The song has the chorus “Ko s’ewe Ko s’egbo…. Won ti p’omi gutter po awon Omo Science Student meaning literally, ‘there is no herbs and there is medicine … They have mixed chemicals together looking like dark and smelling gutter water. They did that like Science Students.

Listening to the song over and over, one could observe Olamide’s creativity and depth and also affinity to showcase the going-ons and nuances in the dark world of street life where survival of the fittest- the scramble for daily living and eking out a living is a burden for touts, agberos and street urchins. Olamide has used the names of illicit  drugs which is readily being used even at the watch of our law enforcement agencies. Drugs intake and abuse of it like Tramadol, codeine, and also local brew like monkey tail, skushi, shepe, alumo and all that were mentioned or some of it in the song, Science Student. Olamide played a dramatic verse on persons getting drunk and smoking heavily with smokes ebbing out like the iconic Yoruba god of thunder, Sango who is famed for smokes and fire coming out of his mouth.

Olamide used all this similitude subtly to bring out the artistic nature of his street song, Science Student. The song may not be banned because he has only used expressions of youths indulging in drugs in his song. Language is another thing at play. Don Pedro Obaseki is right to say parents should warn their children not to listen. Going further to ask the Nigerian Broadcasting Commission NBC and the Nigeria Video and Film Censors Board NFVCB to ban the song is the outburst of a father telling young people not to be carried away by the lyrics of the song. Music indeed is spiritual and can be acted upon. Olamide released the song in January 11, 2018 and the sing on different download and streaming devices has more than 204,848 views – barely two weeks after release. This is the impact of Pop culture on youths, adults alike. The song has about 10 videos of different dance steps and styles of people experimenting on the song. And this translates to Olamide Adedeji smiling to the bank because each of the 10 videos on you-tube have a minimum of 40, 000 views. Infact, Hot Naija you-tube channel has 154, 077 views as at Monday when yours sincerely checked.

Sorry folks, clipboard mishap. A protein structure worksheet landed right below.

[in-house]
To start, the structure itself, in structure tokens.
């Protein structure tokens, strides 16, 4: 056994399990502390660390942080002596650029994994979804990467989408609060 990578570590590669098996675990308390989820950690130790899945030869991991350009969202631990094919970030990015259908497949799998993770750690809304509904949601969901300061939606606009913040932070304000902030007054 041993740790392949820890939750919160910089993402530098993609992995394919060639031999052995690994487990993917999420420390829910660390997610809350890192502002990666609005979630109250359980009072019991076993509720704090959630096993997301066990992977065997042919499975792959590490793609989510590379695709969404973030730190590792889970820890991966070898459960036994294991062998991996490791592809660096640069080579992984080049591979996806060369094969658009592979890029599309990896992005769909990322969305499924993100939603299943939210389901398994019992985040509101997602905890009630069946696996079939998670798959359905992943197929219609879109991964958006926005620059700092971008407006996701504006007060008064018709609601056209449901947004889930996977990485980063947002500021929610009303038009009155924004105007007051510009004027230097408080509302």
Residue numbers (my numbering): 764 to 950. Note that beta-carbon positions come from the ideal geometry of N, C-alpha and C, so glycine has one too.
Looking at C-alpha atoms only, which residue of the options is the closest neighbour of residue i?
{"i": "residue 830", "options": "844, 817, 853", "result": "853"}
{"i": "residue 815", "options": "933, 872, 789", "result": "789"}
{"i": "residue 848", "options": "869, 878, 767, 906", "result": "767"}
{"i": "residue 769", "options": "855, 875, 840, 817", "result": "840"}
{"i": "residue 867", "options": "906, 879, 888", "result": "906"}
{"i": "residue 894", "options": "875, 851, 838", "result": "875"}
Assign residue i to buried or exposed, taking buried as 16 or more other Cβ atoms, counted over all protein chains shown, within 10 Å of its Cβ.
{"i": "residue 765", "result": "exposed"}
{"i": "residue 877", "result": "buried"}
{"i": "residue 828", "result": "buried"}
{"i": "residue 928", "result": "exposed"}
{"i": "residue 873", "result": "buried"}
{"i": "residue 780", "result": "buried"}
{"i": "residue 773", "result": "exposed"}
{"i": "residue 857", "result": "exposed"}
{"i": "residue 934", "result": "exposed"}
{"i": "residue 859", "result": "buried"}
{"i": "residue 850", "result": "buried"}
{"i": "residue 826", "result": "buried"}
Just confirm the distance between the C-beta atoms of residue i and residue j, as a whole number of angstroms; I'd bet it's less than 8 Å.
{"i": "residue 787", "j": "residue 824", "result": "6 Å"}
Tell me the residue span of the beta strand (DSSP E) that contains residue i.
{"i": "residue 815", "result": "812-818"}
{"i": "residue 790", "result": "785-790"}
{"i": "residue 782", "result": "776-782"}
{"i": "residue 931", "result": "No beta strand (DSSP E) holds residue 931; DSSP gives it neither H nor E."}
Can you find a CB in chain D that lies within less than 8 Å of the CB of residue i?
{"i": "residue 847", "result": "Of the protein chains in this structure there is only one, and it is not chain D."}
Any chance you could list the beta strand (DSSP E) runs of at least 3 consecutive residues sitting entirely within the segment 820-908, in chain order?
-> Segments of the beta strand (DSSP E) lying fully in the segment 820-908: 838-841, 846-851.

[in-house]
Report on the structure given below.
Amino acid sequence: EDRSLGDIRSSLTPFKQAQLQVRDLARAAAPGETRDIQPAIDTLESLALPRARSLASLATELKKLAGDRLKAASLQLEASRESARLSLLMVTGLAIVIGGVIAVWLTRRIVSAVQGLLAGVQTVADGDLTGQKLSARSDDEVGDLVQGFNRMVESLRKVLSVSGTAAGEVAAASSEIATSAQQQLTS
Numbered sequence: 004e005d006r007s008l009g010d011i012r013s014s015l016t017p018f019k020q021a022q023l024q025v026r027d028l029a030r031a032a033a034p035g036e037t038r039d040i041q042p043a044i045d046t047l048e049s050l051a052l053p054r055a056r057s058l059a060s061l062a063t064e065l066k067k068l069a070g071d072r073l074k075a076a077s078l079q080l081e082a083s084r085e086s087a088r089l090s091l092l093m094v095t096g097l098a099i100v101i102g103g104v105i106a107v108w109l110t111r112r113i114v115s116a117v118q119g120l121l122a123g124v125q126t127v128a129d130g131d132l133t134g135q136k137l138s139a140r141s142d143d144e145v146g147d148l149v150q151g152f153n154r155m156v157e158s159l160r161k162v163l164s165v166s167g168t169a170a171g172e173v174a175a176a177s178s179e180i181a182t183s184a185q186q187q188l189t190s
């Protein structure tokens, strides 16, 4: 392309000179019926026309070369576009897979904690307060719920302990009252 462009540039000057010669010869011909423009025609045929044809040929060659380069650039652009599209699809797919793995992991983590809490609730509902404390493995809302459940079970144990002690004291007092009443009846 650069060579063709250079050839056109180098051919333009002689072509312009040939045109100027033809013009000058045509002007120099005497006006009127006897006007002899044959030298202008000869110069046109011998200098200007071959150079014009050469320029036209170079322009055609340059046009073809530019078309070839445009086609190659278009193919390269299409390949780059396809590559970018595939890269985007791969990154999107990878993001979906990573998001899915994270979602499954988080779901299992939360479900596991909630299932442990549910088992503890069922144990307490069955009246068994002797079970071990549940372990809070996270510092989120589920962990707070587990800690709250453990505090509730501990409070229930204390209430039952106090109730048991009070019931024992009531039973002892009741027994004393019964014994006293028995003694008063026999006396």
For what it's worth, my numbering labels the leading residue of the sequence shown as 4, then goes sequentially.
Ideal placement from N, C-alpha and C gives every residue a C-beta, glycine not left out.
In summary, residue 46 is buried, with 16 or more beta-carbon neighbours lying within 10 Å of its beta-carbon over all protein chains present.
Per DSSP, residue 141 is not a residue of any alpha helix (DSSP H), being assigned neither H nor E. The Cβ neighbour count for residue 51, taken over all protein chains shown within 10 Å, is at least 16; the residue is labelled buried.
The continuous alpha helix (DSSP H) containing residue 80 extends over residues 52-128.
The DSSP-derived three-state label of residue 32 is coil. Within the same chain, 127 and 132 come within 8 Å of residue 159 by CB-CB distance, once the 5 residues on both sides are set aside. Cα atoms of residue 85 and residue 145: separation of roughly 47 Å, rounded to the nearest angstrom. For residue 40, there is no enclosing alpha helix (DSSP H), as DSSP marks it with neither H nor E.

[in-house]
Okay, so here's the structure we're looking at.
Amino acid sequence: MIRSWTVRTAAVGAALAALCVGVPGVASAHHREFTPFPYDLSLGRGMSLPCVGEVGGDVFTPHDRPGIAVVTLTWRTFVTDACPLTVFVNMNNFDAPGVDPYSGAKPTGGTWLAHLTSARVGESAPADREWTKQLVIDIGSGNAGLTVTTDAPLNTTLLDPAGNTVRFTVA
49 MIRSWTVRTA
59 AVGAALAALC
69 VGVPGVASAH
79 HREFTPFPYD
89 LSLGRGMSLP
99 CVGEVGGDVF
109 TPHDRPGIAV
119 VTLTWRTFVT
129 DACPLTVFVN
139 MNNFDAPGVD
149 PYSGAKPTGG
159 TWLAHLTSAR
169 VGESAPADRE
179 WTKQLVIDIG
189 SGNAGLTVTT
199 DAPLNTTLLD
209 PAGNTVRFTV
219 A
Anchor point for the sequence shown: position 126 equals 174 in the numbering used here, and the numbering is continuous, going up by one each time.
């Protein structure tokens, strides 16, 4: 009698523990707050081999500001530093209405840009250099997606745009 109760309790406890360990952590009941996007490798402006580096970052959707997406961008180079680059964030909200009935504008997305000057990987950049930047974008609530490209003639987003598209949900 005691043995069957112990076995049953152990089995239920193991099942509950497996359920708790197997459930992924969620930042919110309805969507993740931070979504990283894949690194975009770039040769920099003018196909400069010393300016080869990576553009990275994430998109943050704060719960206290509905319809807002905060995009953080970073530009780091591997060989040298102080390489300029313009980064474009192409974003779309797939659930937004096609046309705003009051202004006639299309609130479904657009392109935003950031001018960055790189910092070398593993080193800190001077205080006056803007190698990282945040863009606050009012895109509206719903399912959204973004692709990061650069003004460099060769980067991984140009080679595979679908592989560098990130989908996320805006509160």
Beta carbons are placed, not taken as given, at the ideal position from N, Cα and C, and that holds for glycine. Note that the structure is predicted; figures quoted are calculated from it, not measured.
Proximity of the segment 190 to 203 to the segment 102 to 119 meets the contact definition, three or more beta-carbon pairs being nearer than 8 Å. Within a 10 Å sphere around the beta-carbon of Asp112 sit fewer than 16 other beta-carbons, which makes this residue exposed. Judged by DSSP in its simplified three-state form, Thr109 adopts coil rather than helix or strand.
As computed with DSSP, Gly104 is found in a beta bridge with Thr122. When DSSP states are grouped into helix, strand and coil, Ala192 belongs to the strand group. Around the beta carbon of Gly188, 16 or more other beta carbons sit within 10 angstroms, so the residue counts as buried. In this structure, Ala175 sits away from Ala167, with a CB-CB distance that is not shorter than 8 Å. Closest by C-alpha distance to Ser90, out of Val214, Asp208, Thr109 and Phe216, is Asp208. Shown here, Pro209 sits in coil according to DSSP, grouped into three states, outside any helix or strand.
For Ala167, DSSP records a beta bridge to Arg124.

Commercial Song Vs Good Song

The debate has been on. Commercial songs which is not concerned whether the lyrics is good or not has been the weapon that artistes have brandished. Good songs is what an average artists does and this is made up of good melody+ good lyrics + good rhythm. Terry G has said once in an interview with LEADERSHIP newspaper that Today’s music is evil and he would not allow his son to listen to it. But it is this ‘evil’ music devoid of good lyrics that the artistes release because they say, that us what fans want. A juju musician of a sort, St Janet has performed lewd songs and the videos have been released and been a sold out in the market. This is the make of our society. Morality is being downplayed and we are hypocritical about issues.
The pressure to succeed by secular artistes is high and so our artistes will try out formulas that have worked for them over and over. Hit songs is difficult to come by. So Olamide and others worth their onions have perfected the arts dropping songs that the people will love.
In Search of Moral/Youth Ambassadors

The modern day musician needs to come to the aid of the young generation and help influence positively on and off stage performance. We need musicians with good lyrics and those that do.